3. Preheat oven to 450 degrees F. In a large bowl, combine sugar, flour, nutmeg, cinnamon, and salt, using a fork or whisk to combine. Add the sliced and peeled peaches and gently toss them with the dry mixture until they are evenly coated. Pour the filling into the pastry-lined pan and spread evenly. Pour the melted butter and 1/2 c. water evenly over the peach filling.

4. Remove pastry strips from the fridge and weave a criss-cross or lattice pattern across the top of the filling. Press the end of each strip against the side of the pastry crust, then fold the bottom overhang of pastry over the strips. Seal and crimp the edges using a fork.

5. Place the sonker in the oven and bake for 10 minutes at 450 degrees. Reduce heat to 350 degrees F and bake for about 45-55 minutes more, or until crust is golden brown and filling is bubbling.

For dip:
1. In a medium saucepan, combine sugar and cornstarch, mixing well with a fork or whisk. Add milk and vanilla and stir to dissolve the dry mixture into the milk. Place the saucepan over medium-high heat and stir constantly as it comes to a boil. As soon as it boils, reduce the heat and let the dip simmer until it thickens and becomes smooth, about 3-5 minutes. Remove from heat and set aside to let cool.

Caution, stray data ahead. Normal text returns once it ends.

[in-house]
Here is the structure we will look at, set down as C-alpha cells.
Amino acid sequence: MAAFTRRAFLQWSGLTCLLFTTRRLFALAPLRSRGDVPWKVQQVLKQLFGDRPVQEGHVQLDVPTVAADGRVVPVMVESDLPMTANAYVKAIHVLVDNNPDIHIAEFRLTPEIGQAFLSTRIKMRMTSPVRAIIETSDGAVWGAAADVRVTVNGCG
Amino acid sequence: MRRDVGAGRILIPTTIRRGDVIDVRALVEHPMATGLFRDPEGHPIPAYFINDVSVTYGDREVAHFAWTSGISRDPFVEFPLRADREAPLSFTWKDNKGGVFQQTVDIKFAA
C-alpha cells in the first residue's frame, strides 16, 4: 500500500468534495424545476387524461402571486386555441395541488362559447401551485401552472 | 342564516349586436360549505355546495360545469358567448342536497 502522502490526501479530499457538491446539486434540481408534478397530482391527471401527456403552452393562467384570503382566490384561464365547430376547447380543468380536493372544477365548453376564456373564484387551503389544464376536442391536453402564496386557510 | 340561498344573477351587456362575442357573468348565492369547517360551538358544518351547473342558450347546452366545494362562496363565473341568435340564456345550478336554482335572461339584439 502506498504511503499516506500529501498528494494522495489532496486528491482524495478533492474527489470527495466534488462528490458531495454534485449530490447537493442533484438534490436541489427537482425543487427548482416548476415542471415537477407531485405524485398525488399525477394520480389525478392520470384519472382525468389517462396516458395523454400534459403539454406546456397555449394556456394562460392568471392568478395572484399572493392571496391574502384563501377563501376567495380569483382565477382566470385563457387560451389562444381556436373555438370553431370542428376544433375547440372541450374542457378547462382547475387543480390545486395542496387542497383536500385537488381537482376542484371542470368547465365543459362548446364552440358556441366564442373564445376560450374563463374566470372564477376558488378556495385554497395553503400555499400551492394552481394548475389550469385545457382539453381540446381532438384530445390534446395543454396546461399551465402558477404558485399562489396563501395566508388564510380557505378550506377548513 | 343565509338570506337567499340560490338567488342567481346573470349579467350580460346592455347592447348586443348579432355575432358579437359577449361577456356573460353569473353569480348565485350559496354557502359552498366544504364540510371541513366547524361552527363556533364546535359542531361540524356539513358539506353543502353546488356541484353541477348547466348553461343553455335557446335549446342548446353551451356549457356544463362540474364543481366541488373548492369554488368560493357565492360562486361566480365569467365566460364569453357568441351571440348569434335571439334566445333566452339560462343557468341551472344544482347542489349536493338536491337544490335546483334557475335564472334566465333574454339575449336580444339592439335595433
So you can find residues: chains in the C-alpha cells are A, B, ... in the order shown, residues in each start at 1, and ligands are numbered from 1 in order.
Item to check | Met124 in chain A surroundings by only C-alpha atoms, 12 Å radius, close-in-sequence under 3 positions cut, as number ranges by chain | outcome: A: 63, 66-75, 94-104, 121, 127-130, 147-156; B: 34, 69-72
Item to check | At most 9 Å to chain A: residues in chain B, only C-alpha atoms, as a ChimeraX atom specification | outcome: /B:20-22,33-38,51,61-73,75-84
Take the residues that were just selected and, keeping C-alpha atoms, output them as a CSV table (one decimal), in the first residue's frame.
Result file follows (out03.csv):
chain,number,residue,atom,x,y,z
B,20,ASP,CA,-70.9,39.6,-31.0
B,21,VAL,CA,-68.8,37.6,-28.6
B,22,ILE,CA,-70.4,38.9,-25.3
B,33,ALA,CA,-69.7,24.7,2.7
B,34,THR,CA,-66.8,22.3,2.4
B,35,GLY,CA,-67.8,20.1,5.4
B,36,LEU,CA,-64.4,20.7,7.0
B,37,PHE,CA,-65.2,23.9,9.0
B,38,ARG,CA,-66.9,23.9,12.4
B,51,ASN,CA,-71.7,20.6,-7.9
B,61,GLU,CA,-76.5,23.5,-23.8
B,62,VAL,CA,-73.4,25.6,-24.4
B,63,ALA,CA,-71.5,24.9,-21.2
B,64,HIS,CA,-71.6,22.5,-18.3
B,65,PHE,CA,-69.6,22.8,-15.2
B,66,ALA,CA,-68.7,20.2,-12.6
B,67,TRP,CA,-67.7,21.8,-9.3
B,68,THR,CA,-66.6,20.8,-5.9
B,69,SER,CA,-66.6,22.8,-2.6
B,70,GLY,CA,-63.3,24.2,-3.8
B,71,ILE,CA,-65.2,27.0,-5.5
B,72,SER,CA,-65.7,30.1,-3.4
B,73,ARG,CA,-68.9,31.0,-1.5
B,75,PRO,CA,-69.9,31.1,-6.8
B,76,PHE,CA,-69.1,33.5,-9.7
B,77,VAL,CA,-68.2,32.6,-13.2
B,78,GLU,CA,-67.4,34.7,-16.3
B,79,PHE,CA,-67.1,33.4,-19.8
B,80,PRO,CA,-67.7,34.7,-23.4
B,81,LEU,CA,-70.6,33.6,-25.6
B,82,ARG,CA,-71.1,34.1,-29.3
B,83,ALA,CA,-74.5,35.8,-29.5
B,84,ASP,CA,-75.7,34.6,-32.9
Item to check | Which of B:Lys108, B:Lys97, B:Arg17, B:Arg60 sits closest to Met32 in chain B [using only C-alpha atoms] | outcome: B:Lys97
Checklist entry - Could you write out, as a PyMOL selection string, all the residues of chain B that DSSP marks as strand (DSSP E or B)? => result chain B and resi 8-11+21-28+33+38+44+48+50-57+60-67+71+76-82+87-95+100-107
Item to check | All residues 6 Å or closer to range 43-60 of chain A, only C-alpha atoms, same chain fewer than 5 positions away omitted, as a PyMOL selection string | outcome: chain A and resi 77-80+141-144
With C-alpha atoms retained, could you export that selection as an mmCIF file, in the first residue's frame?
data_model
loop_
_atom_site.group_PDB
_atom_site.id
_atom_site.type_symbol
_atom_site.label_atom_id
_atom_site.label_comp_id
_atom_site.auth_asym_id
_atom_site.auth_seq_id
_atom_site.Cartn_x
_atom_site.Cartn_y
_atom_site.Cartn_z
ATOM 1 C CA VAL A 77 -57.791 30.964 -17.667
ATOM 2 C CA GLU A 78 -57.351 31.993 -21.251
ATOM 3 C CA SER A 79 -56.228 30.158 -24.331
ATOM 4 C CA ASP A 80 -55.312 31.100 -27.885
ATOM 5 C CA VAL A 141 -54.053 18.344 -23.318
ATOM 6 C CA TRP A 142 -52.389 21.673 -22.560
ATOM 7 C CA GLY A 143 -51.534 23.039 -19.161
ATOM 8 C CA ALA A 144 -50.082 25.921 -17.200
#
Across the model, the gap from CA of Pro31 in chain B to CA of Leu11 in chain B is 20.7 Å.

2. Serve sonker warm, covering each slice with a generous ladle-full of dip.

Surry County Peach Sonker with Dip

With its FULL STICK of butter added to the filling and warmed milk dip reminiscent of childhood late night snacks, this is an incredibly sumptuous and comforting dessert that would be excellent anywhere from a Surry County fiddlers' convention to a Washington, D.C. kitchen. My housemate Bobbie said it's one of her most favorite things she's ever eaten, which is saying a lot in our house full of baked goods, and is evidenced by her plate-licking photo below. Personally, I'm going to pioneer the movement to combine the Surry County Sonker Festival and the Mt. Airy Bluegrass and Old-Time Fiddlers' Convention into one event, or at least bring a sonker or two to next year's fiddle festival.

Clean Plate Club


Ms. Blue Jeans said...

I would like to put that dip on everything.

Catherine Gewertz said...

This is wonderful! I've just been trying to figure out how to do what some people call a "pie slab," so I can serve bigger groups of people. This will be a big help! Thanks, Emily! -Catherine Gewertz, CurvyMama Pies

emily said...

Yes! I think Martha Stewart has a good "pie slab" recipe if you want a more traditional pie. But a sonker is pretty incredible...

Bev said...

I am from Surry County North Carolina and now live in Fairhope, Alabama. I have really missed eating the sonkers. My favorite is strawberry and I could it eat all day long. If you tell someone that you are making a sonker, people will look at me like I am crazy. But when they take a bite of it, they go crazy over it. It is so easy to make and instead of the dip, I have always eaten it with a large scoop of vanilla ice cream on top with a large spoonful of cool whip on top of the ice cream. Everyone needs to eat a zonker at least one time in their life.